USA: Warplanes of the Second World War preserved: Douglas B-23 Dragon

Douglas B-23 Dragon

(NMUSAF Photo)

Douglas B-23 Dragon in USAAC markings during the early 1940s.

The Douglas B-23 Dragon is an American twin-engined bomber developed by the Douglas Aircraft Company as a successor to (and a refinement of) the B-18 Bolo. Douglas proposed a number of modifications designed to improve the performance of the B-18. Initially considered a redesign, the XB-22 featured 1,600 hp Wright R-2600-1 Twin Cyclone radial engines. The complete B-18 redesign was considered promising enough by the USAAC to alter the original contract to produce the last 38 B-18As ordered under Contract AC9977 as the B-23. The design incorporated a larger wingspan with a wing design very similar to that of the DC-3, a fully retractable undercarriage, and improved defensive armament. The B-23 was the first operational American bomber equipped with a glazed tail gun position. The tail gun was a .50 calibre (12.7 mm) machine gun, which was fired from the prone position by a gunner using a telescopic sight. The first B-23 flew on July 27, 1939 with the production series of 38 B-23s manufactured between July 1939 and September 1940.

While significantly faster and better armed than the B-18, the B-23 was not comparable to newer medium bombers like the North American B-25 Mitchell and Martin B-26 Marauder. For this reason, the 38 B-23s built were never used in combat overseas, although for a brief period they were employed as patrol aircraft stationed on the west coast of the United States. The B-23s were primarily relegated to training duties, although 18 of them were later converted as transports and redesignated UC-67.

The B-23 also served as a testbed for new engines and systems. For example, one was used for turbosupercharger development by General Electric at Schenectady, New York. Another was used for testing cabin pressurization. After the end of the Second World War, many examples were used as executive transports, with appropriate internal modifications, and as a result a large number have survived, both in public and private collections. Howard Hughes (among others) used converted B-23s as personal aircraft. (Wikipedia)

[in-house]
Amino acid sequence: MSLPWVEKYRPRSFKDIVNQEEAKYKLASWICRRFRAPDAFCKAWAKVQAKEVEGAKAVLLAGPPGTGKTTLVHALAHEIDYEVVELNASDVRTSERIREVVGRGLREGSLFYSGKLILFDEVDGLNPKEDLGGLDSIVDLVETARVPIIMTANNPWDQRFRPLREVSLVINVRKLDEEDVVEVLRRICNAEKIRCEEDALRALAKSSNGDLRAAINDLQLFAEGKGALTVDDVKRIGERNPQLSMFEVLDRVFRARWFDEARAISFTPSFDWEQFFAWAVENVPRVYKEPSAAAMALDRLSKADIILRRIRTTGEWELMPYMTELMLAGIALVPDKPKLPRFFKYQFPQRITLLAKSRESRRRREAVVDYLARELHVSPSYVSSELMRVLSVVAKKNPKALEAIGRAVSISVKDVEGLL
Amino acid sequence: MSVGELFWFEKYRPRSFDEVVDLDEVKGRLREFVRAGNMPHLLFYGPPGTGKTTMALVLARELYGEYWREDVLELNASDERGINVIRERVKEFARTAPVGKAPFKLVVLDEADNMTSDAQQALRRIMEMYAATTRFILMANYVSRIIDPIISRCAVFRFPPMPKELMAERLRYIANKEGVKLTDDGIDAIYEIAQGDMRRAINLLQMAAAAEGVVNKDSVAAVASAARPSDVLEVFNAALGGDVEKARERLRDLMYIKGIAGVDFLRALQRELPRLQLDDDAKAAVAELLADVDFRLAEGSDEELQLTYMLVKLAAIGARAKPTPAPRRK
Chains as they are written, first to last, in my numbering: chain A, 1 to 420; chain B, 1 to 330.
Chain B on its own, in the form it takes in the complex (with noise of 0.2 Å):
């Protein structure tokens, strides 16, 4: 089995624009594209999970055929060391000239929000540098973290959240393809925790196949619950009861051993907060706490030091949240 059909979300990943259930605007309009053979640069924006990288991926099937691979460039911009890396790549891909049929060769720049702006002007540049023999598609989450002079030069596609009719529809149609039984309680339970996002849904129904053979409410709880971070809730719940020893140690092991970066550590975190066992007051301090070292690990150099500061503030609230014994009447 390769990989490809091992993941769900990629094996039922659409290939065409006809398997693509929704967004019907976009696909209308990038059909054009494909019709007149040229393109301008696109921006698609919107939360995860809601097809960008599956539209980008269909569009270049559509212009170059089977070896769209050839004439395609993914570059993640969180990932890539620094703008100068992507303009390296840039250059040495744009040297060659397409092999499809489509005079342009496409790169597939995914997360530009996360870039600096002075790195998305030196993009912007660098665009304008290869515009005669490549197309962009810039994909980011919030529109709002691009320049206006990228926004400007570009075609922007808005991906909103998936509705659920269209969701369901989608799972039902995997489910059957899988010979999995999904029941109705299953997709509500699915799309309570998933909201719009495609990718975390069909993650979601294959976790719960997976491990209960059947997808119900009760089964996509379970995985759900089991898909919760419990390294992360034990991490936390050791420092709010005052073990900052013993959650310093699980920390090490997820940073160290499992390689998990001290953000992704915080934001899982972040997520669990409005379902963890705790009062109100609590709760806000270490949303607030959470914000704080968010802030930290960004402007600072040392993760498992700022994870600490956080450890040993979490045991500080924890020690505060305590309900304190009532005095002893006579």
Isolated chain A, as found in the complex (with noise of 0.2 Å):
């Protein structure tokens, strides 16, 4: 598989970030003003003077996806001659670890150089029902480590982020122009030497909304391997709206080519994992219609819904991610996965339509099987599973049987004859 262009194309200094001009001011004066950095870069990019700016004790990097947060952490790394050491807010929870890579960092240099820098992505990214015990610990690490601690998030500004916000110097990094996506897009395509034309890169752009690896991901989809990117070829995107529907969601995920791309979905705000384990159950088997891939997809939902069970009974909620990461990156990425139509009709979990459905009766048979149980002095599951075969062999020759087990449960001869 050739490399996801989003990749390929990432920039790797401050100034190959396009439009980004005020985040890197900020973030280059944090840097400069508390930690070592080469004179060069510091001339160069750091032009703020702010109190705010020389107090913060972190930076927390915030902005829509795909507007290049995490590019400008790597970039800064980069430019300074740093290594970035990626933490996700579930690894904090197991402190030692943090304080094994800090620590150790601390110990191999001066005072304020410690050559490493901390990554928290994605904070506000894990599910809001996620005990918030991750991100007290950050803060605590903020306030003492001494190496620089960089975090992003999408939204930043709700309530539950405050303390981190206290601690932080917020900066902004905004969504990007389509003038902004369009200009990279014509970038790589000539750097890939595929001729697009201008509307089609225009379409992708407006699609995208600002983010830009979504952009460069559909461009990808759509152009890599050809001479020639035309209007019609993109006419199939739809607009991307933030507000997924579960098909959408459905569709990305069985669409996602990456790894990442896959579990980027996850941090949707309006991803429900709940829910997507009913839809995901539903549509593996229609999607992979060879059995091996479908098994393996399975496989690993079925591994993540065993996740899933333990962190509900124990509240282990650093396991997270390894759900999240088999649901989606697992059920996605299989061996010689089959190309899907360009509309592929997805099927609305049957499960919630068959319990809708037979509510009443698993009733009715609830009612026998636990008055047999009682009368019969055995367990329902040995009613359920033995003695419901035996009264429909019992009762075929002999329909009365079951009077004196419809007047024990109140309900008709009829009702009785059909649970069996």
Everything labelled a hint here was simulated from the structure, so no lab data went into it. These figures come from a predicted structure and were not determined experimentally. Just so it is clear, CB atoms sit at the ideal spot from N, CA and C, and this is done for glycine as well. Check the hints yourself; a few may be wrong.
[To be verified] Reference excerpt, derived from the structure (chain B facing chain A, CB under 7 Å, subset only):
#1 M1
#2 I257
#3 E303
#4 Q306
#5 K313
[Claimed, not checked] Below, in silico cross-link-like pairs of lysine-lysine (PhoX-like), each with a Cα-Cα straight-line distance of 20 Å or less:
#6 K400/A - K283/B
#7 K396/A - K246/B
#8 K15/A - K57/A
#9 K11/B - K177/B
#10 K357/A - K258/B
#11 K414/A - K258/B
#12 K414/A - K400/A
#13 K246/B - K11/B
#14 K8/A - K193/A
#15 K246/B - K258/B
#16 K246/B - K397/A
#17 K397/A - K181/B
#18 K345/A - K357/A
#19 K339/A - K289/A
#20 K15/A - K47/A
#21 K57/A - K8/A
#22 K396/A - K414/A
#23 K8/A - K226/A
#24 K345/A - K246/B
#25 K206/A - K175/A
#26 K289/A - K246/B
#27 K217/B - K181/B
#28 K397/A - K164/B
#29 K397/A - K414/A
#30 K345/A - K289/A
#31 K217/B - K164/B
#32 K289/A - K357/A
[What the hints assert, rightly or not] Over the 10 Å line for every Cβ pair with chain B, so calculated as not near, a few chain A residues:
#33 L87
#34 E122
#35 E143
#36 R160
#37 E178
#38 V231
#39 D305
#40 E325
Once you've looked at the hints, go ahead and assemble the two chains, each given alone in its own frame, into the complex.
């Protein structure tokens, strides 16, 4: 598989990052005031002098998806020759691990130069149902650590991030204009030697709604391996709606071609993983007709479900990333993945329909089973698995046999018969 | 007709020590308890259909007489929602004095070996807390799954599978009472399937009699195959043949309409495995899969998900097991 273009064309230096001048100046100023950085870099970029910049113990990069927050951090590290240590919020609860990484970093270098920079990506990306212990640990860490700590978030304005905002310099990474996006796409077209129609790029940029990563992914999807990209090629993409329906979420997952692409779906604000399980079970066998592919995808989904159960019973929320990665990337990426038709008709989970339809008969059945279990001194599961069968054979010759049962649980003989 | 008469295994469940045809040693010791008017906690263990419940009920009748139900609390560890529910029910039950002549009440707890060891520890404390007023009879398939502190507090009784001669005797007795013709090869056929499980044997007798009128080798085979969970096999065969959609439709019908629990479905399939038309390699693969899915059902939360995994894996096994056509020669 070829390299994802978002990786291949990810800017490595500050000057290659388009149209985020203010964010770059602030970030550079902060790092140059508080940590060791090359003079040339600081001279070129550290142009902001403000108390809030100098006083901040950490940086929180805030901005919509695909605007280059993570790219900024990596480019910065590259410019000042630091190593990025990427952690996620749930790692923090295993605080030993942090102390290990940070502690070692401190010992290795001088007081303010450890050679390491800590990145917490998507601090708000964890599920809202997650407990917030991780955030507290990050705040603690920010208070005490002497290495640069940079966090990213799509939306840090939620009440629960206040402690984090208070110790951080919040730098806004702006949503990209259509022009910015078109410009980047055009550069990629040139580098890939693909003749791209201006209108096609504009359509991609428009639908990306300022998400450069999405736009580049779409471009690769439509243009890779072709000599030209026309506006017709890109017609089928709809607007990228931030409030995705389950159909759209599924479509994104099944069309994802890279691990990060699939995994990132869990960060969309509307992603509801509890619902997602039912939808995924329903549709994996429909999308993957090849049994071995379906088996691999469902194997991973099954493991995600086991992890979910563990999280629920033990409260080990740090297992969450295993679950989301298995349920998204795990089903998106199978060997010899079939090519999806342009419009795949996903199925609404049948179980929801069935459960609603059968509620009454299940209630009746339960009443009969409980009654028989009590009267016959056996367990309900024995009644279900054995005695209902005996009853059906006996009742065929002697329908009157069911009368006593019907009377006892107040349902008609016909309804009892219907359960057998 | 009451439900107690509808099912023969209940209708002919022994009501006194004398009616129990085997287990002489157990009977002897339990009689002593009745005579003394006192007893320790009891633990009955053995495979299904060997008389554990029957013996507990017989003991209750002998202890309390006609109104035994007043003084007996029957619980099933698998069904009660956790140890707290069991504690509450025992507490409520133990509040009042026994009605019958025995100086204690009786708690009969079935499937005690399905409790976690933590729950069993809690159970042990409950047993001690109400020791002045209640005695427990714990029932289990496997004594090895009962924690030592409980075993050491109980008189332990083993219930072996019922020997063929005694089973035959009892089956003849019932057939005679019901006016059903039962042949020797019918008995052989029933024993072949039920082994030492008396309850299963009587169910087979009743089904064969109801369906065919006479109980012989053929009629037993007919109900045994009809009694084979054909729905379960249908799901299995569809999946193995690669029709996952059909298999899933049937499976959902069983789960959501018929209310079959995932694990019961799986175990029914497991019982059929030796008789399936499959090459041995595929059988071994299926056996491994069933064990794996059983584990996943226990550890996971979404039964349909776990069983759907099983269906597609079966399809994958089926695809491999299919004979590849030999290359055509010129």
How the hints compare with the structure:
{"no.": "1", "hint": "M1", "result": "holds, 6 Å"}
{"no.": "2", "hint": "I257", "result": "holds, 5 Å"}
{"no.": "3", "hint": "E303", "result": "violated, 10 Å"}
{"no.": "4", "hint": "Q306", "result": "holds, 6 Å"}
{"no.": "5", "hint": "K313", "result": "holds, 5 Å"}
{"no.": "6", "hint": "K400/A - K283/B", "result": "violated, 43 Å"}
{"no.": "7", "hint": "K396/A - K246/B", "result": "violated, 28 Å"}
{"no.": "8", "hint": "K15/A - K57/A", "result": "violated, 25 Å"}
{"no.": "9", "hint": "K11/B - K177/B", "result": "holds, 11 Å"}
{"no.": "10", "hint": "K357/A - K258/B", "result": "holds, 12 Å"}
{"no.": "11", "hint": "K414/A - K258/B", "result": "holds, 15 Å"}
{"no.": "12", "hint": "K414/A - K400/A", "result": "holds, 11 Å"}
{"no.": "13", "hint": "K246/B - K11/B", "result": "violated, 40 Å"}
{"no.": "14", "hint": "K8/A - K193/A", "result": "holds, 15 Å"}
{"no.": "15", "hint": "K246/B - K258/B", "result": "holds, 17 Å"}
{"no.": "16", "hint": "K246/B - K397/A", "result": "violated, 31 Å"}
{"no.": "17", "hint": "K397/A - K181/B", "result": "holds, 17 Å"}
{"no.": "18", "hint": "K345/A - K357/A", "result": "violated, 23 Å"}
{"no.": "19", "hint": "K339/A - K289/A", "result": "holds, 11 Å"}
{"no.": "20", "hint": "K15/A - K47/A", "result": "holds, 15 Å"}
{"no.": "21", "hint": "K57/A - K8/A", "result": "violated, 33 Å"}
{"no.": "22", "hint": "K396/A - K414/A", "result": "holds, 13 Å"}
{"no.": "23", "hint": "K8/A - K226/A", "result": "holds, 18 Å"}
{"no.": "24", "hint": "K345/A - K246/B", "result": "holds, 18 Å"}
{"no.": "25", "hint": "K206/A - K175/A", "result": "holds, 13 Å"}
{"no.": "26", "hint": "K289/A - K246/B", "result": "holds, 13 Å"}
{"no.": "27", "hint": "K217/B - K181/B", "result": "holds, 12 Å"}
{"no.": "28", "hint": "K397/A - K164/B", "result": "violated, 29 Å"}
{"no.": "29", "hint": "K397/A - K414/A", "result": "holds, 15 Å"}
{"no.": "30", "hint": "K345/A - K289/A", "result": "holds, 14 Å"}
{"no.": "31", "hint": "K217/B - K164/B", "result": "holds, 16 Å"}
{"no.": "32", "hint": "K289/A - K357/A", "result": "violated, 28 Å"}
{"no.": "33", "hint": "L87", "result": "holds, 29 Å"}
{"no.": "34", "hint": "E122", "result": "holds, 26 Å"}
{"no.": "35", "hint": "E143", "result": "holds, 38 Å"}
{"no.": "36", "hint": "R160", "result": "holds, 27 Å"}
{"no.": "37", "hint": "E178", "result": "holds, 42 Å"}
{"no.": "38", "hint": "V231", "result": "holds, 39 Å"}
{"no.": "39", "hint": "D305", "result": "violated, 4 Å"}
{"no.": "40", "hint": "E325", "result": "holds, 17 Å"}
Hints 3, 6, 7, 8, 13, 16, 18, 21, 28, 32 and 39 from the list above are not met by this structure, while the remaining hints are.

(USAAC Photo)

Douglas B-23 Dragon.

(NMUSAF Photo)

Douglas RB-23 Dragon at Bicycle Lake, California, while assigned to Muroc Lake Army Air Base, 7 Oct 1942.

(Bill Larkins Photo)

Douglas B-23 Dragon, Pacific Lumber Company

Survivors:

(Articseahorse Photo)

Douglas B-23 Dragon (Serial No. 39-0036), McChord Air Museum, McChord AFB, Washington.

(NMUSAF Photo)

Douglas B-23 Dragon (Serial No. 39-0037), 17B-9, in storage at the National Museum of the United States Air Force at Wright-Patterson AFB in Dayton, Ohio.

Douglas B-23 Dragon (Serial No. 39-0038), being restored for display at the 1941 Historical Aircraft Group Museum in Geneseo, New York.

(aeroprints.com Photo)

(kitmasterbloke)

Douglas B-23 Dragon (Serial No. 39-0051), Pima Air & Space Museum, Tucson, Arizona.

(kitmasterbloke Photos)

(Spartan7W Photo)

(Alan Wilson Photo)

Douglas UC-67 Dragon (Serial No. 39-0047), Castle Air Museum, Atwater, California.

Douglas UC-67 Dragon (Serial No. 39-0057), in storage at Fantasy of Flight, Polk City, Florida.

Douglas UC-67 Dragon (Serial No. 39-0063), being restored to airworthy status in Anchorage, Alaska.

Douglas B-23 Dragon (Serial No. 39-0033), being restored to airworth status, Reg. No. N747M, Bellevue, Washington/Marana Arizona.

(NMUSAF Photo)

Douglas B-23 Dragon tail code 94 MD in flight. Assigned to the Materiel Division at Wright Field.

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